The third episode of The Stand debuted on CBS All Access Thursday and introduced a few more major characters to the story while further expanded the stories of some we’ve already met, such as Larry Underwood (Jovan Adepo) and Nadine Cross (Amber Heard). New this week are the story for Nick Andros (Henry Zaga) as well as the introductions of Glen Bateman (Greg Kinnear) and Tom Cullen (Brad William Henke). While the nine-part limited series is largely a faithful adaptation of Stephen King’s epic novel of the same name, this episode also contained some significant differences from the page to the screen and we’re breaking down some of the major ones we spotted as the story deepens.
Warning: spoilers ahead for the second episode of The Stand, “Blank Page”, below. If you haven’t seen the episode or are unfamiliar with King’s novel, now would be a good time to turn back.
This week, viewers begin to realize that Nadine isn’t exactly the same as the rest of the survivors in the Boulder Free Zone while we also find out how Nick Andros came to be part of the group as well as Tom Cullen and Glen Bateman. Glen in particular is a character that brings a different sort of tenor to the overall survivor group and is someone that Kinnear has described as being like channeling Stephen King himself.
“And I loved Glen when I read the book. I think it’s kind of the voice of Stephen King, strangely enough,” Kinnear told ComicBook.com. “I’m channeling King. He kind of has a banjo plan, you know, a dime store philosophy quality to him, this guy. I didn’t know what the hell he was talking about myself, as a writer, but I did like his take on everything. At top of the show, you find him having already given up on society, which in a way is kind of a power position. Everybody is grappling with what they’ve lost and here’s a guy who had kind of already checked out. And so, I think he’s more along for the ride, not trying to get back where we were, but just to kind of study it. It’s a sociology study for him and I think his eyes are open. And he’s learning as he goes and is enjoying the ride as best you can in all of this.”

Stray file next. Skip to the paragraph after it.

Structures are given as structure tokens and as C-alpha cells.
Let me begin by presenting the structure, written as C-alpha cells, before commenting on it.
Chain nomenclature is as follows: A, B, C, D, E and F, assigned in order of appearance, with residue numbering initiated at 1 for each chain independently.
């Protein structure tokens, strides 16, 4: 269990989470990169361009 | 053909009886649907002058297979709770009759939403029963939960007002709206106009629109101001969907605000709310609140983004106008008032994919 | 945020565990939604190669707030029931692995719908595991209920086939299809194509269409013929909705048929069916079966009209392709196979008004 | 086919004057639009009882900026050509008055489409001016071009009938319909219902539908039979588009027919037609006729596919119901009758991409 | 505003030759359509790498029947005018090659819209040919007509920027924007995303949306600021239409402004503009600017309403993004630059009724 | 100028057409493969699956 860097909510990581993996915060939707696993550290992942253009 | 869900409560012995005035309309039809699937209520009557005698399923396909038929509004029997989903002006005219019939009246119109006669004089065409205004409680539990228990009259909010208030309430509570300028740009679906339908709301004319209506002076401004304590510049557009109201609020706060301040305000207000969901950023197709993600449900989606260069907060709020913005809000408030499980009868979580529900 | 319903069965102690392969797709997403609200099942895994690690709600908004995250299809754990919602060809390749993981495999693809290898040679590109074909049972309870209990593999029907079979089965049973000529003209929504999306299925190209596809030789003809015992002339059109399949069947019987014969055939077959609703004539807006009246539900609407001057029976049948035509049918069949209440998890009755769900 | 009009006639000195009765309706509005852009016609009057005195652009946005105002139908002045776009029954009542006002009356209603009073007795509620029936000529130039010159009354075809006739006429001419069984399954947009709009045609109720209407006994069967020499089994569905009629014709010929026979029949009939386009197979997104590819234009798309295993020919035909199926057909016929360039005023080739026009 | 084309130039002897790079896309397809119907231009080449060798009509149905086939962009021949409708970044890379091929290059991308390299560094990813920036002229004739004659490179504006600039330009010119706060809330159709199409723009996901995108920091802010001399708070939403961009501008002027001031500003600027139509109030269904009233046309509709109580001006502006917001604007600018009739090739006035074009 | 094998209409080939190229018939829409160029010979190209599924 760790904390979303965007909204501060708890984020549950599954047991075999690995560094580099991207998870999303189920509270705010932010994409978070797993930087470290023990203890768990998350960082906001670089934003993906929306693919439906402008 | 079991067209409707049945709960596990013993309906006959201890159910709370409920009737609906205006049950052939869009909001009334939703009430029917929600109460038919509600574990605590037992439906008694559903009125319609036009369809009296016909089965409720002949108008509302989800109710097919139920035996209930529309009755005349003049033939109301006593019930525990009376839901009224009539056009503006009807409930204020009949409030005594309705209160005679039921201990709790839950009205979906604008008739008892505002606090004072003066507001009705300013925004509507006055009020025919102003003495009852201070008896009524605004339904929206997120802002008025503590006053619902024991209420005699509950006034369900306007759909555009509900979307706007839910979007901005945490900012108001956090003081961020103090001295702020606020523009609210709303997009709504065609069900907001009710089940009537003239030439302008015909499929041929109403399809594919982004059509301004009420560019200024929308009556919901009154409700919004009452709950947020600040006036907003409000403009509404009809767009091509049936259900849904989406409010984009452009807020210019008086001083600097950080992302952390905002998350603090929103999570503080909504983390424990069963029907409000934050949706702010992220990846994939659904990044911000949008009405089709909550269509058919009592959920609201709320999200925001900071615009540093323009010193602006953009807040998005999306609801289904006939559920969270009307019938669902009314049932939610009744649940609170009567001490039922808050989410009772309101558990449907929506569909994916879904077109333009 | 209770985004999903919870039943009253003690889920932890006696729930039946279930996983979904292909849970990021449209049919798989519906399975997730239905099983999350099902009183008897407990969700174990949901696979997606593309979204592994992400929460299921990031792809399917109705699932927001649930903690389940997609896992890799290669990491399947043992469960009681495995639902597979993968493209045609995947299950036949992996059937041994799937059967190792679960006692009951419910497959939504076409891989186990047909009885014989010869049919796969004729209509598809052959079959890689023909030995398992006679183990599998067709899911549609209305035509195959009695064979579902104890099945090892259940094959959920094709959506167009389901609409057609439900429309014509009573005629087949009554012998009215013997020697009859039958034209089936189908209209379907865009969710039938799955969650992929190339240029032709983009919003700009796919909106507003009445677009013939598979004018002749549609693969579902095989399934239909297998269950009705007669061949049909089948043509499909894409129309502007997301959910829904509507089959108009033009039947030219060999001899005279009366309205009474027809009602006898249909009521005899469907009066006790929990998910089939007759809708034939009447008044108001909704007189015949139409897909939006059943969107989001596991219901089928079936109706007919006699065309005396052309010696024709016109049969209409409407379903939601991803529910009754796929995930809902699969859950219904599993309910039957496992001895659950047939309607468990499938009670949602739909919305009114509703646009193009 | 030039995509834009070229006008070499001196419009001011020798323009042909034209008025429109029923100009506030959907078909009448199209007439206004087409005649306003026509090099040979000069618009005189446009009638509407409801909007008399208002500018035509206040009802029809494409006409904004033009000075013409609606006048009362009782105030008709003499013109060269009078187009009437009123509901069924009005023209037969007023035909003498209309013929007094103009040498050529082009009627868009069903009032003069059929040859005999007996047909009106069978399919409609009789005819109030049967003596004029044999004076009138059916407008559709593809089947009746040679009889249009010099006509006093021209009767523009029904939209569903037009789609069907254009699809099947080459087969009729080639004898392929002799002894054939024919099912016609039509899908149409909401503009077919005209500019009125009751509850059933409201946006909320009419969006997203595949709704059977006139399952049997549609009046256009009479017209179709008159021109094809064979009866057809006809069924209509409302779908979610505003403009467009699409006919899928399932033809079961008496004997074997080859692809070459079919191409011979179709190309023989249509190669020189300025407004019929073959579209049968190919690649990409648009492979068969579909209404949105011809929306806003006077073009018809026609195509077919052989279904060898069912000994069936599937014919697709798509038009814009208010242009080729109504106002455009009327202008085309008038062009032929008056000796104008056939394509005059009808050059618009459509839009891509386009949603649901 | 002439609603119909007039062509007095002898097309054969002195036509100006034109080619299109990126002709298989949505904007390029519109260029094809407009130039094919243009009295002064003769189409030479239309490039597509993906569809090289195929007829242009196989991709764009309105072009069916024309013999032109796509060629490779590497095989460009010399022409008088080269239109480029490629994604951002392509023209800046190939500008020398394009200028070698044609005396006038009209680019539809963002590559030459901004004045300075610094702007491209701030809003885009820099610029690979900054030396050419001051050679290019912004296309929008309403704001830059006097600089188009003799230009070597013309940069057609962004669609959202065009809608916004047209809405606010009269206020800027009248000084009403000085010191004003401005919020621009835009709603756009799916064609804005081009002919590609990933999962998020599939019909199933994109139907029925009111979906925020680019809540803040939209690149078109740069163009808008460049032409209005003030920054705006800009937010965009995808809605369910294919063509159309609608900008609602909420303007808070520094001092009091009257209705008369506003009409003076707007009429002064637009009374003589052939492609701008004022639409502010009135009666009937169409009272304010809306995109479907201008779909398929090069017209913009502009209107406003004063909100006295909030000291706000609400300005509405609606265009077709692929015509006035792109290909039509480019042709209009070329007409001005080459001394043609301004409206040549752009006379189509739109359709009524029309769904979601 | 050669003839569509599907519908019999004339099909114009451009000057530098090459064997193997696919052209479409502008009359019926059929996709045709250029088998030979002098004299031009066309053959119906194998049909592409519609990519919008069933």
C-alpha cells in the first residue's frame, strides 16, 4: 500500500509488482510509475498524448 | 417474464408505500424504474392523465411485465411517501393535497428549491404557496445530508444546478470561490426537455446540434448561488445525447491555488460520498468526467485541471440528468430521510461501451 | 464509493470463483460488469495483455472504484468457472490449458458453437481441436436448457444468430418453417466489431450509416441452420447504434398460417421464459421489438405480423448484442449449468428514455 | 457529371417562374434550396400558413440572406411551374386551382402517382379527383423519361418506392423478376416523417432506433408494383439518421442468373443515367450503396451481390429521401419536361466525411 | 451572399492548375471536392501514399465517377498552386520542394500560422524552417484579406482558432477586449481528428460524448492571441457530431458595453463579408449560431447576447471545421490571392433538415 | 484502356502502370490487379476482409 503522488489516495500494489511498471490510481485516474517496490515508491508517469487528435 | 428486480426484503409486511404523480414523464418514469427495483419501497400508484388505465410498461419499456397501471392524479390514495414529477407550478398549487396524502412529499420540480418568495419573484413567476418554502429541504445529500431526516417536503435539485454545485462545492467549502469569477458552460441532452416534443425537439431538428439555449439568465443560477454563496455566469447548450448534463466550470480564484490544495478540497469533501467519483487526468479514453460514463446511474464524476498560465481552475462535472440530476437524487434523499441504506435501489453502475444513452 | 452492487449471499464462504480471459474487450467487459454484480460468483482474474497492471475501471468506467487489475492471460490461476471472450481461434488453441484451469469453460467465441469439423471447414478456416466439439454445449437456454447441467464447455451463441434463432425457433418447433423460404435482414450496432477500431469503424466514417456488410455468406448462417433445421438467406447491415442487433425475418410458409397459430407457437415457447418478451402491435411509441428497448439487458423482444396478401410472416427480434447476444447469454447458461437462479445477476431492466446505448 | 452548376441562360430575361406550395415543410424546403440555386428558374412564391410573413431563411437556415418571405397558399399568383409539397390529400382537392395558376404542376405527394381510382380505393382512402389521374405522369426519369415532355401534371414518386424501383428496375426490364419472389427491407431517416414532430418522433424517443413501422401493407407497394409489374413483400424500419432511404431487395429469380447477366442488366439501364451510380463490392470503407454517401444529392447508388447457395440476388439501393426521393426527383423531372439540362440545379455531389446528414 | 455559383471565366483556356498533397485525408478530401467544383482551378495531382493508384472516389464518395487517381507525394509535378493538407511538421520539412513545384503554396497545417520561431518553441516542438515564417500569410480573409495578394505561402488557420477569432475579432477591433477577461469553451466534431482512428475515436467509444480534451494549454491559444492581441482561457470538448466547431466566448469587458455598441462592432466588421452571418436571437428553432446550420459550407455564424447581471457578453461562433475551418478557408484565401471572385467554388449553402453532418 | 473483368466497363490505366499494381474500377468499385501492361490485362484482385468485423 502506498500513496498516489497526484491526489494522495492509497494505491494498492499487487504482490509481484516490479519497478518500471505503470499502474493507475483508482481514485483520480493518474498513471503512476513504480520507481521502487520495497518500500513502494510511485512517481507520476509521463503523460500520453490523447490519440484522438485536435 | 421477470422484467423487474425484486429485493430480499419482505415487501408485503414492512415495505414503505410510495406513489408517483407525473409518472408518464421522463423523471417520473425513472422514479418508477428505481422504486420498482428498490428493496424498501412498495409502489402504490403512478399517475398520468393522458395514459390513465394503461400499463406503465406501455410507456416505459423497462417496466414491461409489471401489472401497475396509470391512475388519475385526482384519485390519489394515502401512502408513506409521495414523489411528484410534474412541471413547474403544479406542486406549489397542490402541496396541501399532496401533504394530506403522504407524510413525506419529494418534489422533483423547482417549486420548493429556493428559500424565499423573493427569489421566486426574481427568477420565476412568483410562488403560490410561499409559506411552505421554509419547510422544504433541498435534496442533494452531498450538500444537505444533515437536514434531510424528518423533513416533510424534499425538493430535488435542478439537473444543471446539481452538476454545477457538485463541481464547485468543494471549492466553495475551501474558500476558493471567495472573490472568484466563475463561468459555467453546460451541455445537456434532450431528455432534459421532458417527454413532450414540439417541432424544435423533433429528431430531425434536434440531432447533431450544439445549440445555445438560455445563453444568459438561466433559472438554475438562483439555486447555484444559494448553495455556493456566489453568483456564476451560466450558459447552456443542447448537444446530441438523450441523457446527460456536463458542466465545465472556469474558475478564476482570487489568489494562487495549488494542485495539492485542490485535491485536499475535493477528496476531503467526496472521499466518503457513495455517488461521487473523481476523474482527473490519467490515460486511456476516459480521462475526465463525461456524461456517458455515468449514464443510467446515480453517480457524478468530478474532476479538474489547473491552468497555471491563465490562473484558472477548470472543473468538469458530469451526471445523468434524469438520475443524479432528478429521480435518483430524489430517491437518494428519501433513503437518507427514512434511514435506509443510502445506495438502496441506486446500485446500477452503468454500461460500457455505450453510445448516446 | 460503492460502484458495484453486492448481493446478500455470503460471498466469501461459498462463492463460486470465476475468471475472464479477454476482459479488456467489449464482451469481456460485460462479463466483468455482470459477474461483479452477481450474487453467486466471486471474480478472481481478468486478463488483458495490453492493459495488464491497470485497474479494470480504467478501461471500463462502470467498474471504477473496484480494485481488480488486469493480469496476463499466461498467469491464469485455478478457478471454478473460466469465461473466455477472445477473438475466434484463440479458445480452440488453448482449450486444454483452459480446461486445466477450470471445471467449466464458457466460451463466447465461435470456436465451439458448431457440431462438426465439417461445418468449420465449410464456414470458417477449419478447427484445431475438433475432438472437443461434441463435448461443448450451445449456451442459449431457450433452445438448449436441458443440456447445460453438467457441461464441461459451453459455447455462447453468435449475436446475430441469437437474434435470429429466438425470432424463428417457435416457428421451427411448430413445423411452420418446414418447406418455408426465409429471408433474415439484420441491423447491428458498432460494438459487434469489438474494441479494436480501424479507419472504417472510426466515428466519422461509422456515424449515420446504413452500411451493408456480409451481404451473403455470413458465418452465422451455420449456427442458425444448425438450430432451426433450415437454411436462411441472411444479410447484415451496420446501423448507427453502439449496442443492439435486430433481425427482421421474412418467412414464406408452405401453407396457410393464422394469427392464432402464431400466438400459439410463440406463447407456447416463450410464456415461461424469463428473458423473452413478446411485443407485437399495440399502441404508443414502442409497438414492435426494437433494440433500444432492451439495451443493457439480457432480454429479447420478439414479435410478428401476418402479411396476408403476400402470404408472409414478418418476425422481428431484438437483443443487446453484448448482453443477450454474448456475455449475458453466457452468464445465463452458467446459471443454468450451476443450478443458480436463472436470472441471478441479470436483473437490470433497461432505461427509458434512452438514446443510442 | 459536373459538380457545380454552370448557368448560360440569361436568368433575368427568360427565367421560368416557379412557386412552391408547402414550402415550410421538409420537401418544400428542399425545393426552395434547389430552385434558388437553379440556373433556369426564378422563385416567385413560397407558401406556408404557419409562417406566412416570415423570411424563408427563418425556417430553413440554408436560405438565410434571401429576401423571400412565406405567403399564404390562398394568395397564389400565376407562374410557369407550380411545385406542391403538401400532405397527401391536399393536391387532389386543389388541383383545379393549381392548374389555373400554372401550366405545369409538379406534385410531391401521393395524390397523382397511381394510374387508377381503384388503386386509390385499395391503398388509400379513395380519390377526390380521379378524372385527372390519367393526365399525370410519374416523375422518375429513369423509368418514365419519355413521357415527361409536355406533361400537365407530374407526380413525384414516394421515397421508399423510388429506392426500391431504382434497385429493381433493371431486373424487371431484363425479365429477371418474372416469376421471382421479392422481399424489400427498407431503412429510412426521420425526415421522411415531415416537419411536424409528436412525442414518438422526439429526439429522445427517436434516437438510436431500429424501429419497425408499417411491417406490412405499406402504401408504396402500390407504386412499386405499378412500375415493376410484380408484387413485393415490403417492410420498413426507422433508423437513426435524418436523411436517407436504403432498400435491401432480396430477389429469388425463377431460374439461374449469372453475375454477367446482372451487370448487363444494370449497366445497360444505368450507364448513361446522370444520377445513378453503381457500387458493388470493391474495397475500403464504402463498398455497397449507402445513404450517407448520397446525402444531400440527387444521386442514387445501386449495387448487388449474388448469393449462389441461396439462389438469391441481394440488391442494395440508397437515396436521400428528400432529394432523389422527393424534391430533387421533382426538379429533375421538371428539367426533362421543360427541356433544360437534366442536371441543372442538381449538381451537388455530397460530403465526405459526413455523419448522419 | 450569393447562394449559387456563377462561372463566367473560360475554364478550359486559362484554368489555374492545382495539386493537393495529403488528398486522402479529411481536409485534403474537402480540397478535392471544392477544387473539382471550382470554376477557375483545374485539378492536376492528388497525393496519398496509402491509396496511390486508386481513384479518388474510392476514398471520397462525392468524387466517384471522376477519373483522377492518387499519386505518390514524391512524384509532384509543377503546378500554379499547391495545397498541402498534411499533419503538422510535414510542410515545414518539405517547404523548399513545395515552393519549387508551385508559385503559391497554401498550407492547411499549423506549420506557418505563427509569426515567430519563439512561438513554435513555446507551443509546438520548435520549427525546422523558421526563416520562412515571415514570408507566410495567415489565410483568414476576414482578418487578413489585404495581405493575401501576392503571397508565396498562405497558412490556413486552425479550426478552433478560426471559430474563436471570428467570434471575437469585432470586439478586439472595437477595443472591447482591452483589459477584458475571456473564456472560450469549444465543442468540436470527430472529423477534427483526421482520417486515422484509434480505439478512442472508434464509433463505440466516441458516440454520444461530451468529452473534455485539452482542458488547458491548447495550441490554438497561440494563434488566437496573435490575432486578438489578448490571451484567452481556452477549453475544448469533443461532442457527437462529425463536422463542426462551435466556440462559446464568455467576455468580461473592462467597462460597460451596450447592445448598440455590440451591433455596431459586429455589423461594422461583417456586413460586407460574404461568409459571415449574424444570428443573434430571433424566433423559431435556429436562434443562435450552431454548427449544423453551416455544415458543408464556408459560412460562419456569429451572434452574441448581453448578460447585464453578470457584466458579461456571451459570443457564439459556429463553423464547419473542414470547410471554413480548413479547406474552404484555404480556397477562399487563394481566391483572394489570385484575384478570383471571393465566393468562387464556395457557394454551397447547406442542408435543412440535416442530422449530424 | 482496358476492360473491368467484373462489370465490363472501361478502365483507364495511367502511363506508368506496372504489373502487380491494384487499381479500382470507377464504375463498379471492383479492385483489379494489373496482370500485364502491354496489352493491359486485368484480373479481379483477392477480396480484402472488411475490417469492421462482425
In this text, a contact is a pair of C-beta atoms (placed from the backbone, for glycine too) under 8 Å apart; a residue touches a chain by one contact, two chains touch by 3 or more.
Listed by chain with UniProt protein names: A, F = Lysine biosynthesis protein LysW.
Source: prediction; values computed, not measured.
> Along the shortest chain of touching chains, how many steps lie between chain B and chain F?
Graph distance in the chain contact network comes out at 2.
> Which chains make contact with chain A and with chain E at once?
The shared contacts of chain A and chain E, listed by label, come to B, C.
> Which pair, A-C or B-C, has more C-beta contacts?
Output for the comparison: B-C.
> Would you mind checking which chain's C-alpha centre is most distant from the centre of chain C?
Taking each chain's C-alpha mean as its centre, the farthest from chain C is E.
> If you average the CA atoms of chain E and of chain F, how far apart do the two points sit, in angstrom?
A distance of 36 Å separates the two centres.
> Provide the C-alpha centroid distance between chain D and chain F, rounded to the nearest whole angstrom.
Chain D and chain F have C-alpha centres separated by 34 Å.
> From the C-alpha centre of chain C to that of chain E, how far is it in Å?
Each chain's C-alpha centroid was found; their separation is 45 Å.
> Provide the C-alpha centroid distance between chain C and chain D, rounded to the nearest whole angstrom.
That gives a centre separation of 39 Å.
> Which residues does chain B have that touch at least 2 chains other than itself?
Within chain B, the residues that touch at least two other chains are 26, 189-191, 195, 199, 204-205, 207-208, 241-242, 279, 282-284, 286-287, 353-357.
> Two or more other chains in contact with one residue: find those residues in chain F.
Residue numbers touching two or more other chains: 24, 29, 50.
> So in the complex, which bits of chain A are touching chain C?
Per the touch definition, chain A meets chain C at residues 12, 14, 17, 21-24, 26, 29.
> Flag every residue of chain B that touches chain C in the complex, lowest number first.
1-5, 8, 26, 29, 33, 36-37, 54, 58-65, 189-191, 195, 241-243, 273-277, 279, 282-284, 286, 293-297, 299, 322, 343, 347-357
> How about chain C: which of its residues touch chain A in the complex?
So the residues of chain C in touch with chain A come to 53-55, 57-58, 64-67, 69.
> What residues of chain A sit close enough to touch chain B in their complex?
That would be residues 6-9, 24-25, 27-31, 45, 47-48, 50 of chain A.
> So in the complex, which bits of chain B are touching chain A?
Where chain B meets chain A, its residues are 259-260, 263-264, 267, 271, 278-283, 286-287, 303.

So, how did the series change things up as compared to the book in “Blank Page”? Read on for the biggest changes we spotted but keep in mind that this adaptation of The Stand is based upon The Complete and Uncut Edition of the book so that’s the baseline we’re using for our comparison.
In “Blank Page”, viewers see a young Nadine in some sort of girls’ home or institution where her fellow residents are sneaking around and using a planchette to speak with spirits and get her to participate as well. Things take a dark turn when the planchette begins to move of its own accord with the girls unable to stop it or remove their hands. The message is revealed to be Randall Flagg laying claim to the young Nadine as his “queen”.
In the book, Nadine isn’t “claimed” by Flagg expressly — and in this case via a Ouija board — until she’s in college. In the book, Nadine was adopted as a baby and later orphaned when her adoptive family died in a car accident. She was raised by resentful older relatives. When she became a teenager, her relationships with boys were thwarted by an outside force, leading her to believe that her virginity was meant for some sacred, if not dark, purpose and she waits as an “unbroken vessel”.
The man from Vegas